** are you using 'journal --setup-keys' and 'journalctl --verify-key=…'?
In no, feel free to ignore this.
** background story:
[A very simplified explanation of "Forward Secure Sealing":
public-private key pair is generated when setting up a journal, the
private key is copied off the device and stored somewhere, usually
using a QR code and a phone, and when the journal is being rotated the
key stored on the device is propagated in one-way fashion, so that new
private keys can be generated from the older ones, but not vice versa.
If somebody tried to generate a fake journal for past history, that would
not pass verification. But it is possible to just delete older journal
from the device, so FSS should prevent unnoticed modification, but
probably not deletion of logs.]
The code for FSS is old and clunky, and is the only thing that requires
libgcrypt in libsystemd.so and the systemd package itself. It's not widely
used, and I'm considering two options:
1. make that code a plugin a that is loaded if available. It could be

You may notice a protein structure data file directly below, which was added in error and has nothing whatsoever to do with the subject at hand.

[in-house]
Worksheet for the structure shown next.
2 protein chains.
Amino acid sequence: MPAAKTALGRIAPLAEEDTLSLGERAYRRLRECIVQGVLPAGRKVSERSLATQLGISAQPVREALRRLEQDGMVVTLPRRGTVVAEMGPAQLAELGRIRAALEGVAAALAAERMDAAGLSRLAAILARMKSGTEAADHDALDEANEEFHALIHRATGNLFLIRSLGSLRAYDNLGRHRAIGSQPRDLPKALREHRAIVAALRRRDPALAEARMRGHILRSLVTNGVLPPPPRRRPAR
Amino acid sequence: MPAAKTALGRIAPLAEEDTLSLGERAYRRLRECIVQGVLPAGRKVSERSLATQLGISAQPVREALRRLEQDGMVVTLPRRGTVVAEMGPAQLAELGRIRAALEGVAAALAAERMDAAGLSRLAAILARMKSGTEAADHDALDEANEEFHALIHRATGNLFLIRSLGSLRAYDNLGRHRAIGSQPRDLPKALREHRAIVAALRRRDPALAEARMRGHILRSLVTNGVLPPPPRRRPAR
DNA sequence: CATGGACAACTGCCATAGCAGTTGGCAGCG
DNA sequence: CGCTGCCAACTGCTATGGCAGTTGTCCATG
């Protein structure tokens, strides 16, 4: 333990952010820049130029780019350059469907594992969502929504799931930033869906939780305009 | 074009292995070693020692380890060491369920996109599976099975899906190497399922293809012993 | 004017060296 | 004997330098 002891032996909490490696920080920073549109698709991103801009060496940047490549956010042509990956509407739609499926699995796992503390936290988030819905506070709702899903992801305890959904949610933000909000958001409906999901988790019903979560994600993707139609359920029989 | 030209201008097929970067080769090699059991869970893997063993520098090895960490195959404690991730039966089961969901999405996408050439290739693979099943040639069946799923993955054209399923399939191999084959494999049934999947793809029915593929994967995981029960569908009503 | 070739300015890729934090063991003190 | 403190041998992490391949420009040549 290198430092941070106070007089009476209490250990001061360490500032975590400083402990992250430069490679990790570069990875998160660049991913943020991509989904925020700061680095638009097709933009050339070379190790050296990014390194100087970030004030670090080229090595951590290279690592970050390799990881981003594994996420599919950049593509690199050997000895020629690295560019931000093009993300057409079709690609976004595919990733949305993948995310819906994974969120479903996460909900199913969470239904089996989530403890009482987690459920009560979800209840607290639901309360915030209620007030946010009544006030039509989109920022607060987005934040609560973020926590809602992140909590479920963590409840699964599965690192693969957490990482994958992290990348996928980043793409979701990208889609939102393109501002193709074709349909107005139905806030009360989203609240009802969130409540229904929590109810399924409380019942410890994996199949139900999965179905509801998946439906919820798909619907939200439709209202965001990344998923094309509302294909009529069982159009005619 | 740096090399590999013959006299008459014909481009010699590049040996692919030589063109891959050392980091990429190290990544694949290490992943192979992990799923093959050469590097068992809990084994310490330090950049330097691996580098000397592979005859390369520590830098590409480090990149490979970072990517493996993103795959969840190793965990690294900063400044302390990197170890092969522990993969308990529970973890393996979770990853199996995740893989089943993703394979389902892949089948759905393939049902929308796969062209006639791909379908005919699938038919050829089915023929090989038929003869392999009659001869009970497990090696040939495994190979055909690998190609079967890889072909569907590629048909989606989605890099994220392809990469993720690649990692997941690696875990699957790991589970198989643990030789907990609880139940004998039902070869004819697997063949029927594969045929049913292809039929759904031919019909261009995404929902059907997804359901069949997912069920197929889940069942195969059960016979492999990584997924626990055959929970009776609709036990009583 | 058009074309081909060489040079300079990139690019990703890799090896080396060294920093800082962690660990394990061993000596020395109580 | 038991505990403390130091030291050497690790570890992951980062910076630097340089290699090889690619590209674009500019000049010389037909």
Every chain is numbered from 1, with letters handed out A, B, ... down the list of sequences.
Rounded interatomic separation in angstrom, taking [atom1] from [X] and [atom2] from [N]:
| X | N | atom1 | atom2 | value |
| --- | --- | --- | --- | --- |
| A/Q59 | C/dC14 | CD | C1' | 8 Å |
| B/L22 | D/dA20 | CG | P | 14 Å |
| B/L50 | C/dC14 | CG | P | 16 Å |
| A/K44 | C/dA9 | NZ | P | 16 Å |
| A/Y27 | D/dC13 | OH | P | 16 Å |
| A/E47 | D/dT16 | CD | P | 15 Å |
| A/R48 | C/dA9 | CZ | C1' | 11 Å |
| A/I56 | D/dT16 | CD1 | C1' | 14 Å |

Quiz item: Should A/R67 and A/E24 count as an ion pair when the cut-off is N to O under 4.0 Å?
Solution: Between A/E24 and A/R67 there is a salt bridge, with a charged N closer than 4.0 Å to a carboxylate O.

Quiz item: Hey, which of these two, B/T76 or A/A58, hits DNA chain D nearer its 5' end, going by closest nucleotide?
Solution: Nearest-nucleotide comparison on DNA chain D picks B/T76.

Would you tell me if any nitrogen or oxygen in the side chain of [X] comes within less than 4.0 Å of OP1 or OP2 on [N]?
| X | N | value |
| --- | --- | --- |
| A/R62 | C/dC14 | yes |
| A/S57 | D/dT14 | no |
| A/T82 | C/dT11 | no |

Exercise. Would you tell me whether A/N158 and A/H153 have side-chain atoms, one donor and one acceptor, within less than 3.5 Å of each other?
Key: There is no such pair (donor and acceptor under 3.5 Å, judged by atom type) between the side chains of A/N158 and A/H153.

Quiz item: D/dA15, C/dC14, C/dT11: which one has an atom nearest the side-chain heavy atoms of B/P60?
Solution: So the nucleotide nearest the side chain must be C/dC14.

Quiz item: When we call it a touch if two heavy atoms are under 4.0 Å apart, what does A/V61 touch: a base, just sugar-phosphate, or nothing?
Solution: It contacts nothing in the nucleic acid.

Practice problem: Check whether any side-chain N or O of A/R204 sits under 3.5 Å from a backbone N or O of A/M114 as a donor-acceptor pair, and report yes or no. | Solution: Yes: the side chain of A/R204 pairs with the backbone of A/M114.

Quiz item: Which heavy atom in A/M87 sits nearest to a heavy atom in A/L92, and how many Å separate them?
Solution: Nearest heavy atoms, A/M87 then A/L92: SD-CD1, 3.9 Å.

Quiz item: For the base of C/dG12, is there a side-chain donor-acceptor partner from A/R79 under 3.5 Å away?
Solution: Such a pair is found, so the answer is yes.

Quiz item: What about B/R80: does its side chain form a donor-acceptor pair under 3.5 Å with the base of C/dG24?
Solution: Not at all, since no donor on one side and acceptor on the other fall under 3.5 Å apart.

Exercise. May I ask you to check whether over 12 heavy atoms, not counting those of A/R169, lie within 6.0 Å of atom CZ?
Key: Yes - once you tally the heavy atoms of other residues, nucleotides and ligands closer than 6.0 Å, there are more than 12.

packaged as a subpackage, so only users who use it would get libgcrypt.
2. just disable support for this in the Fedora package.
Hence the question in $subject… If nobody is using it, 2. would be the
easier option. Option 1. gives more flexiblity to users, but it isn't so
easy to create a "clean cut" and making this into a plugin would
require quite a bit of work, and I'm not sure if it's worth the
trouble to develop and maintain this.
FSS is implemented using libgcrypt's bignums. The code doesn't really
have tests and it's not clear how robust the verification is against
hostile data. Systemd has moved (almost completely with F36) from
using multiple crypto libraries to relying almost exclusively on
openssl. The code for FSS is the only thing that requires libgcrypt in
a normal systemd installation. It is also the only thing that requires
a crypto library in libsystemd.so, so it effectively pulls in libgcrypt
into anything that links to libsystemd.so, which is many things.
So option 2. gives us a nice reduction in code size and exposure.